Fri11152019

Last updateWed, 13 Nov 2019 12pm

Features

Associated Press Issues Language Ban

Certain words in the English language have, for centuries, constructed certain social stigmas we would now consider matters of intolerance. Recently, the Associated Press announced the ban of the term “illegal immigrant” from its stylebook.

It is no secret that numerous U.S. immigrants have faced severe racial, occupational and educational discrimination in our history. Therefore, this action was taken in favor of immigration organizations and advocates who claimed that the phrase “illegal immigrant” emitted degrading and uncivil sentiments towards those living in the U.S. without proper documentation. Accordingly, the Associated Press has recommended instead the use of the term “undocumented immigrant” in hopes that a less demeaning terminology will encompass a more positive stigma. However, we must question, in truth, how successful this could be.

Various learning theorists explain the basis of behavior to be simply learning and memory. Once a thing is learned and is committed to memory, it becomes a habitual routine which, as human beings, we are reluctant to break away from. When our behavior comes to communication, our language is very difficult to separate from our associated thought. Therefore, with years of practicing the term “illegal immigrant” behind us, there seems to be narrow hope for significant change to come out of this.

Immigrants themselves are diffident in having too much hope for this act. Freshman biology major Siri Chintapalli said, “changing an official term does nothing to change people’s attitudes. At least giving something a controversial name draws attention to it and forces people to talk about it. This just makes an important issue sound like a minor inconvenience.” Seemingly, issuing legislation cannot destroy our engrained associations and might be ignoring the bigger picture of prejudice. The question further fails to associate justified sentiments towards immigrants, who were an essential component in the building of this nation.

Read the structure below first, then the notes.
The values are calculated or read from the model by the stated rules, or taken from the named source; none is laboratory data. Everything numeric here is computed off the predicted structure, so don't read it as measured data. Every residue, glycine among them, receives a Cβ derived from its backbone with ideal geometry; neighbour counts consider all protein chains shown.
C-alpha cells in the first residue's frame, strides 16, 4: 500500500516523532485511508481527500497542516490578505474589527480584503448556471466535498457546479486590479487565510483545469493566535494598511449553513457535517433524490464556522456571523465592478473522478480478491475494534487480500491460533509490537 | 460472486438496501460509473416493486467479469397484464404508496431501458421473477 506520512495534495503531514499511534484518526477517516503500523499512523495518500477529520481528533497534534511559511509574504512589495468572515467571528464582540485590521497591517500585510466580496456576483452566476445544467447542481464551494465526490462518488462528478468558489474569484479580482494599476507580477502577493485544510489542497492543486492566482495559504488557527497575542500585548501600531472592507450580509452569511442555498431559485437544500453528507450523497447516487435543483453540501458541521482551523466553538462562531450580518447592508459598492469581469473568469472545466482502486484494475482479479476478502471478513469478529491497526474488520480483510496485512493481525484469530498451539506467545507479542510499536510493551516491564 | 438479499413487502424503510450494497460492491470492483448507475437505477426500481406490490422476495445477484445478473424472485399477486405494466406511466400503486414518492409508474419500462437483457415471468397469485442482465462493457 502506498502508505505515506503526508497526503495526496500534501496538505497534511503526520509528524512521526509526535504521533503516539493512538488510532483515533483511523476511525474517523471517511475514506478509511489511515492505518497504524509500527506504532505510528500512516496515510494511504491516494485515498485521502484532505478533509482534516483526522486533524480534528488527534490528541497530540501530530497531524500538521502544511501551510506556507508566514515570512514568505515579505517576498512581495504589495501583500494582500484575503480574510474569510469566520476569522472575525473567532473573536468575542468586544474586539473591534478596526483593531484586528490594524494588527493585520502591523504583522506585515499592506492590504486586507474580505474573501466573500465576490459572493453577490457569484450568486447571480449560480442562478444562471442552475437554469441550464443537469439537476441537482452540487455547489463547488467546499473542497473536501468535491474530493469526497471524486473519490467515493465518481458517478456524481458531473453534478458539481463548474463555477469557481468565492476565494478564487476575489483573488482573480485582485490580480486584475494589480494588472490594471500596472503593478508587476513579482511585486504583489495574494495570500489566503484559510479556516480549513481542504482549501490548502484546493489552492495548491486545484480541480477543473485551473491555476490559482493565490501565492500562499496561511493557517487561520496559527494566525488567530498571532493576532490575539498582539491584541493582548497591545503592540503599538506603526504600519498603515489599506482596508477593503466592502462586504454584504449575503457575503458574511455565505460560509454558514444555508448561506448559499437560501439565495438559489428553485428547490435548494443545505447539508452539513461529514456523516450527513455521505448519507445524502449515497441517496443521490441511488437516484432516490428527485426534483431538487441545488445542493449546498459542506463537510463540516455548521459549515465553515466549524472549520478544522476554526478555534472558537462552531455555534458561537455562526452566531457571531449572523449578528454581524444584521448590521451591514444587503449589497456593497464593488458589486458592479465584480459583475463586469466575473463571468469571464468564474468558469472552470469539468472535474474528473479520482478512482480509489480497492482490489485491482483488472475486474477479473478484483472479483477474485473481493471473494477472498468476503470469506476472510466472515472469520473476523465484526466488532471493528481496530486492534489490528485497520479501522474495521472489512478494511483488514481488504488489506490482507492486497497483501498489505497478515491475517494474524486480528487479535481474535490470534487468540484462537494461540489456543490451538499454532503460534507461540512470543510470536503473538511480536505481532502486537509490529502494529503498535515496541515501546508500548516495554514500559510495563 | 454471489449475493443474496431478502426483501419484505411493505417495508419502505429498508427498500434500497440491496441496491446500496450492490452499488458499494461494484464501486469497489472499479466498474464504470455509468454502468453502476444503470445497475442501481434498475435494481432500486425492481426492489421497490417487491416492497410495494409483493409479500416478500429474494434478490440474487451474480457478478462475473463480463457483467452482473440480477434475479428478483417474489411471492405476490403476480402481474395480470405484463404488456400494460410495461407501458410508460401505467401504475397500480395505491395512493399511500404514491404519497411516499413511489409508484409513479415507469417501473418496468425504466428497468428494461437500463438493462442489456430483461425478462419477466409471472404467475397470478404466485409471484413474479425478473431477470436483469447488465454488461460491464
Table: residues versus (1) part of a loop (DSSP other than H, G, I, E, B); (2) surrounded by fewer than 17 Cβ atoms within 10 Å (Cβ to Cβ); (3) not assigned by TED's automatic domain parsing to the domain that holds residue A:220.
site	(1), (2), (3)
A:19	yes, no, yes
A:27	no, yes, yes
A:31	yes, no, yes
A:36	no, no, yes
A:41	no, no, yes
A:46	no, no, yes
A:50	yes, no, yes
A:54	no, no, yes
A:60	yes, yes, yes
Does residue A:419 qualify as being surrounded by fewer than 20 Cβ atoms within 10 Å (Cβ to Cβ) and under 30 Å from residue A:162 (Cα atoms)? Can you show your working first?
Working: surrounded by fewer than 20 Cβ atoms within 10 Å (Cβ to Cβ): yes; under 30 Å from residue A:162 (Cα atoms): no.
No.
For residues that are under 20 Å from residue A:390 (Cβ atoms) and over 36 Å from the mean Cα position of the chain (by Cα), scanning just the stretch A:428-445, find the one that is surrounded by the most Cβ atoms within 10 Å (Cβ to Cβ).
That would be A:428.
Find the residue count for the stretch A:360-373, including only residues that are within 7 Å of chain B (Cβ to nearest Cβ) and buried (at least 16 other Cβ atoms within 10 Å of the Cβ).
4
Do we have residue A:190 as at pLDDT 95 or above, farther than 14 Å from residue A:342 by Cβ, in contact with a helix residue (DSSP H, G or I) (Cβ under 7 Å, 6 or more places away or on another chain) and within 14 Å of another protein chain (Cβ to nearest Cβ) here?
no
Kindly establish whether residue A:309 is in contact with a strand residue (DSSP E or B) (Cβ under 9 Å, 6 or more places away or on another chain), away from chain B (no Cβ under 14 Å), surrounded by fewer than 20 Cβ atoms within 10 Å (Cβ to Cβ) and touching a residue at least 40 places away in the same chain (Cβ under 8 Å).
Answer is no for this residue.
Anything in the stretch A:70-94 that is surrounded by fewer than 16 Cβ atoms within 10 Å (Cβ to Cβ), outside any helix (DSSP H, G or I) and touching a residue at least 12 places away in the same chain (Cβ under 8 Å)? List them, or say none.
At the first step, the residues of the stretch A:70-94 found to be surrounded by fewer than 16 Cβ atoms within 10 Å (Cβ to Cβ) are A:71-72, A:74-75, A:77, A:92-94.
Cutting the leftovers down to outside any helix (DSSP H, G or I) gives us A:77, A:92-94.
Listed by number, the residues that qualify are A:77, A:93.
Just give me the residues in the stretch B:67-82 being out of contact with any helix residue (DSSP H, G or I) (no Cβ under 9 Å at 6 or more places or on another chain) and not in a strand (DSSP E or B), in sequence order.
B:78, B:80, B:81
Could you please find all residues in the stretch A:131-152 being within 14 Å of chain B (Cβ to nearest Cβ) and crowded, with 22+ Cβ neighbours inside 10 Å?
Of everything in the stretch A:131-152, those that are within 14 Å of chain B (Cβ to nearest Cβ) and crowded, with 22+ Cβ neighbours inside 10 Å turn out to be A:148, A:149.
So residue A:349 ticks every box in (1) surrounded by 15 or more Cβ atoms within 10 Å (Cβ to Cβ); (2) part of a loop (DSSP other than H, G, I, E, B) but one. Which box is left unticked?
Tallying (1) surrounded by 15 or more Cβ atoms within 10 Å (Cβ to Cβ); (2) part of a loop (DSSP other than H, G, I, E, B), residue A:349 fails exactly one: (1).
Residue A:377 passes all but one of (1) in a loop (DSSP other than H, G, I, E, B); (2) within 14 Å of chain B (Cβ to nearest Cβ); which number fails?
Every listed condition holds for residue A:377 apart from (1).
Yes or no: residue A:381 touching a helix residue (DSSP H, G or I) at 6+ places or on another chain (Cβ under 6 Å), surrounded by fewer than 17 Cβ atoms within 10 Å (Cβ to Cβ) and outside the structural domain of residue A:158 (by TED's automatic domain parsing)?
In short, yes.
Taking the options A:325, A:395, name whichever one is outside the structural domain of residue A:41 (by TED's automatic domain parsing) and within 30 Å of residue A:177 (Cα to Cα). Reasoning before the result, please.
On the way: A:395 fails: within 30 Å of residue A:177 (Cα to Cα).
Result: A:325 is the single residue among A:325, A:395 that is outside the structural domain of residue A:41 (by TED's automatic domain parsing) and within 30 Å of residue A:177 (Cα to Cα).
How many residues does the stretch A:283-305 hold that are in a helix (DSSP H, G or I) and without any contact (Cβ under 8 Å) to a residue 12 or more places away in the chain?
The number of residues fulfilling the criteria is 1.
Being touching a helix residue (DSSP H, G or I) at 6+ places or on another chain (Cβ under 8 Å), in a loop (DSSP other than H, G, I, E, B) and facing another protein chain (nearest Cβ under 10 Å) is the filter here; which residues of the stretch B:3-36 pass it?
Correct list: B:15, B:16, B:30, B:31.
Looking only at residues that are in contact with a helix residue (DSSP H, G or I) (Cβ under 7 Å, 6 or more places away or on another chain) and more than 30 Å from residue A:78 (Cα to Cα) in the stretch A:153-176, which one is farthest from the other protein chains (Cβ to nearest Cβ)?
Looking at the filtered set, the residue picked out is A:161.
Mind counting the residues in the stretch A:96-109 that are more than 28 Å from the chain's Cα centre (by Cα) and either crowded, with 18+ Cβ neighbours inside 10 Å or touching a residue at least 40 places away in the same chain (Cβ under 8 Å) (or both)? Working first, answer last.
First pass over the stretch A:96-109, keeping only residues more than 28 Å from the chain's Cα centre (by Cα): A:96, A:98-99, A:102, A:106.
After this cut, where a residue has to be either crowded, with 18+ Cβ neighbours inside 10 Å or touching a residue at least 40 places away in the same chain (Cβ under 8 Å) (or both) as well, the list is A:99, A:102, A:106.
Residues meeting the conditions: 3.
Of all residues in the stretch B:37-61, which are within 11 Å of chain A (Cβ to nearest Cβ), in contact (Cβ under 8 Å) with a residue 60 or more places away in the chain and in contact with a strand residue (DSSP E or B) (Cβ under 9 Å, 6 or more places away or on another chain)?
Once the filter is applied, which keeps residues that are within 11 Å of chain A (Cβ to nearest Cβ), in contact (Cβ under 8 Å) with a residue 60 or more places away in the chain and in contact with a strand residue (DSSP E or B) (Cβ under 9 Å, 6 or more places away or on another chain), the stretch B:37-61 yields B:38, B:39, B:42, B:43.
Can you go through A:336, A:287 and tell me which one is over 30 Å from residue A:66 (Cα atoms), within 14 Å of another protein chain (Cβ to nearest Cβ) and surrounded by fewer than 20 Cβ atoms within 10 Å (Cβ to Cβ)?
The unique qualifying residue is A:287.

While the intentions for this ban may be progressive ones, the question remains as to how effective the repercussions will be. Because immigrants were subject to assimilation practices in the past due to their supposed inferiority, the stigma of them being less than the average citizen was very prominent. This prejudice- unfortunately like all prejudices- is a formidable challenge to overcome, even today in a society that is relatively tolerant.

Language is not the primary basis for discrimination. More than anything, all types of discrimination lie at the heart of thought—or lack of rational thought, rather. History is all too familiar with a simple thought capable of driving humanity to madness.

On the other hand, although it is much easier to discuss all the flaws and insufficiencies in this ban, it is more productive to look towards any positive matters that may proceed. Professor of communication, Shannon Hokanson said, “Personality is constructed through language and it dictates the way that we perceive. I think that language is important and that it absolutely may not immediately impact perception of immigration, but I think it’s useful to start legislation with language.”

Whether or not this language ban will alter human thought is still up for debate. The capability and possibility for progress should never go unheard. Essentially, steps toward said progress, no matter how small, are the only way forward.

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